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A first offense DUI is serious business for a minor

On Behalf of | Oct 29, 2019 | Firm News

You knew that your children liked to go out and drink. As a parent of teenagers, you also knew that they could get in trouble with the law if they got caught. Despite that, you felt it was safer to allow them to drink with supervision.

For the most part, they stayed out of trouble by drinking when adults allowed them to do so. For example, during one of your summer parties, you allowed your children to have beers with the rest of the family.

You were never expecting your children to go out to a party and to drive home drunk. They knew better, and you had always been clear that you would happily come to pick them up instead of having them drive home while intoxicated. Now, they face serious charges, and you need to know what to expect.

This DUI case maybe complex

When someone under the age of 21 drinks, they are already breaking the law unless they are doing so in an exempted situation. Colorado has a zero-tolerance law that will result in your children being charged with an “Underage Drinking and Driving Offense,” or UDD. This offense applies to those who have a blood alcohol content between .02% and .05%. If their BAC is .05% or higher, then they will face the same administrative penalties as an adult.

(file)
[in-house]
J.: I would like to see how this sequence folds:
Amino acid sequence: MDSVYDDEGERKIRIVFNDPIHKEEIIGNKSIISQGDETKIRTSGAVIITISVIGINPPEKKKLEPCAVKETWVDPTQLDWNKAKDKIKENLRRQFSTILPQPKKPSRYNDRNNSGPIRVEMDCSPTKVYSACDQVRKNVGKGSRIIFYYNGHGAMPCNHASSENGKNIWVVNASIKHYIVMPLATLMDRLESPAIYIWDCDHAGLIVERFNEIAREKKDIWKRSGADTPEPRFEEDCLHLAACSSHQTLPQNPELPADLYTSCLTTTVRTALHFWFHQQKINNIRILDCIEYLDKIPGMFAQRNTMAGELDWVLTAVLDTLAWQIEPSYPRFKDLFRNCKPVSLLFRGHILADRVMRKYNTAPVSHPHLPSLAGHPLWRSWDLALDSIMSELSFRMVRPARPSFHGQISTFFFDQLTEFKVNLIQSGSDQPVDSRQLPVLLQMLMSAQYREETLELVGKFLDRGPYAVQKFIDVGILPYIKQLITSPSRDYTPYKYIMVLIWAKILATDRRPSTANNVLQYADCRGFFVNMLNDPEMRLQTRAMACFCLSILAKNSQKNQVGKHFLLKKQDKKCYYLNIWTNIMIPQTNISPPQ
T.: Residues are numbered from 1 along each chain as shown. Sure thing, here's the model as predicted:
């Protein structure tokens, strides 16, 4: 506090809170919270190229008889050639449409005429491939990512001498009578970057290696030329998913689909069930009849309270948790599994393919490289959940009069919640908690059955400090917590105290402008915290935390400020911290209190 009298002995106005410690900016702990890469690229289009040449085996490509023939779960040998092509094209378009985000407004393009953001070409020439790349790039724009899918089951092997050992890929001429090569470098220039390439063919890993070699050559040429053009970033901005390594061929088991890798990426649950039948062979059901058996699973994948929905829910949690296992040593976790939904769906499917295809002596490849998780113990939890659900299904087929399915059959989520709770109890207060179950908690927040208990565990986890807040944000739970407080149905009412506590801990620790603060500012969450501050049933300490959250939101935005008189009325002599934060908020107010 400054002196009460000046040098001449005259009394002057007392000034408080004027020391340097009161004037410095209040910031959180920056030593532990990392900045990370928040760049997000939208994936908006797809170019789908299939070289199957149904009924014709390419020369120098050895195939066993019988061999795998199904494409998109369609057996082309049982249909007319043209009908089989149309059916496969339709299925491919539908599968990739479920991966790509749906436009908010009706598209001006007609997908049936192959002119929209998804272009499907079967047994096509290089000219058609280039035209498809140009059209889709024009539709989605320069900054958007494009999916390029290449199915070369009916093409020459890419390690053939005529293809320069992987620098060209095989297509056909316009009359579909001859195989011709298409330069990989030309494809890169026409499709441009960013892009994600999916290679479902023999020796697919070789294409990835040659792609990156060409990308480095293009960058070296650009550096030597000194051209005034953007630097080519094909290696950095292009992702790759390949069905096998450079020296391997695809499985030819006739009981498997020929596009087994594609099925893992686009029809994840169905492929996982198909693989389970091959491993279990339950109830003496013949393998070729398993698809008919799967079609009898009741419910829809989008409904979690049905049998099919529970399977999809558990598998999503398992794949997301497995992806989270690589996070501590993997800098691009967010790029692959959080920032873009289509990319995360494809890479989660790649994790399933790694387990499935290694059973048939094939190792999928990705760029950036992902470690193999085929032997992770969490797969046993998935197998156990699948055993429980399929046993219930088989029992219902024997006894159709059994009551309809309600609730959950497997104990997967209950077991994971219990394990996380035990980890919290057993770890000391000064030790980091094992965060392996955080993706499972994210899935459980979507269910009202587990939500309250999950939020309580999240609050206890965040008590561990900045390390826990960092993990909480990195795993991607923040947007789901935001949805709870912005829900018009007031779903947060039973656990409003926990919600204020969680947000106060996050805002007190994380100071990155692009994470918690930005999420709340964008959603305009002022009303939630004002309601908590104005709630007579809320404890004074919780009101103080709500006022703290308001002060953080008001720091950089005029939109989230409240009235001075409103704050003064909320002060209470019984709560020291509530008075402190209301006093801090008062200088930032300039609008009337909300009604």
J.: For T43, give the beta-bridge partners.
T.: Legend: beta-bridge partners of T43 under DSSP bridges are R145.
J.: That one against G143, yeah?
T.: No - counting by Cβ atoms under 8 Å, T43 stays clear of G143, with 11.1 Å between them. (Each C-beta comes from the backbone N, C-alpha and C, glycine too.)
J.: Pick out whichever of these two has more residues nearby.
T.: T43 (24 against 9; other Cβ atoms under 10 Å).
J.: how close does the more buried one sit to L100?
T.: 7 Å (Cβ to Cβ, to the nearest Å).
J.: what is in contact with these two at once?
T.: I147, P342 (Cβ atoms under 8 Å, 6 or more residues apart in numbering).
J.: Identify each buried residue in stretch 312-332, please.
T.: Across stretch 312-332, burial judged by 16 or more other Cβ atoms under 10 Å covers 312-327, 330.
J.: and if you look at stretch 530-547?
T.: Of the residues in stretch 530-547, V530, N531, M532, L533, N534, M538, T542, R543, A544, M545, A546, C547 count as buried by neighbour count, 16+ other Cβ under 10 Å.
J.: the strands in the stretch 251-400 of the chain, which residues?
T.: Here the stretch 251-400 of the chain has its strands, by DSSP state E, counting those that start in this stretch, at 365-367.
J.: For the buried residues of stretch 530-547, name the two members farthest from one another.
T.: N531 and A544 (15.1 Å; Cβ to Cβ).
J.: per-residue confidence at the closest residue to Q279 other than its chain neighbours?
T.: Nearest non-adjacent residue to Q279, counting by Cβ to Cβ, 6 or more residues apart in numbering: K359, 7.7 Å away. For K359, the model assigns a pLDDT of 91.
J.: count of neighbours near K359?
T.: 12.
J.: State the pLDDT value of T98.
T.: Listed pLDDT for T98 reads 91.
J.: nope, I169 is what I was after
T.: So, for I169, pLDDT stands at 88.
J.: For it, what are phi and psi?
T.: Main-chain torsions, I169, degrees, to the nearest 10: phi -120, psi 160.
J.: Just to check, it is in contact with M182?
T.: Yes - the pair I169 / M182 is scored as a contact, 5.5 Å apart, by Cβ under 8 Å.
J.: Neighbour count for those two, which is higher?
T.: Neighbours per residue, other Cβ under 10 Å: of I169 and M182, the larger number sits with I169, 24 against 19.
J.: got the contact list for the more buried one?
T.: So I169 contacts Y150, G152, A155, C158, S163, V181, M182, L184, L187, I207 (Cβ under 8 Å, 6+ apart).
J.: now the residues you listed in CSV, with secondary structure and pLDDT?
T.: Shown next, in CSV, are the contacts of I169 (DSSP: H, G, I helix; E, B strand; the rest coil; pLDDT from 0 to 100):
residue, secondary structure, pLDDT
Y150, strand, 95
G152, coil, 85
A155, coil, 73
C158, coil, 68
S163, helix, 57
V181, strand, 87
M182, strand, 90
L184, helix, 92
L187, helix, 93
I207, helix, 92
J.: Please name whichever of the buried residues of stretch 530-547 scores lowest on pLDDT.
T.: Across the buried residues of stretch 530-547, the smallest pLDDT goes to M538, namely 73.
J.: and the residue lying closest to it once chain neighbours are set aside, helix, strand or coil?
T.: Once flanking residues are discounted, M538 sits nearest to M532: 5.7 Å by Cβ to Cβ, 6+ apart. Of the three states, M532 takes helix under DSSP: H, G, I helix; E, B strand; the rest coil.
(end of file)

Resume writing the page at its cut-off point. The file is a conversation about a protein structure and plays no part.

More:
What kinds of penalties will your child face?

Driving While Ability Impaired (DWAI) has a few different penalties. For a first offense, your children could go to jail for up to 180 days. There are fines to pay of up to $500, and they may need to perform public service for 24 to 48 hours.

A first DUI (driving under the influence) has harsher penalties including between five days and one year in jail. Fines extend up to $1,000, and your children may need to perform up to 96 hours of public service.

Will your children’s license be revoked?

It is likely that at least the child who was driving will have their license revoked or suspended. There may be a possibility of having a license granted to them for the purpose of going to school or work, which is something to discuss with your attorney.

It is not easy for a child or children who are convicted of these offenses, so working with an attorney is a smart choice. Doing so may help prevent some more severe actions from being taken against your children.

Photo of Attorney Phillip A. Geigle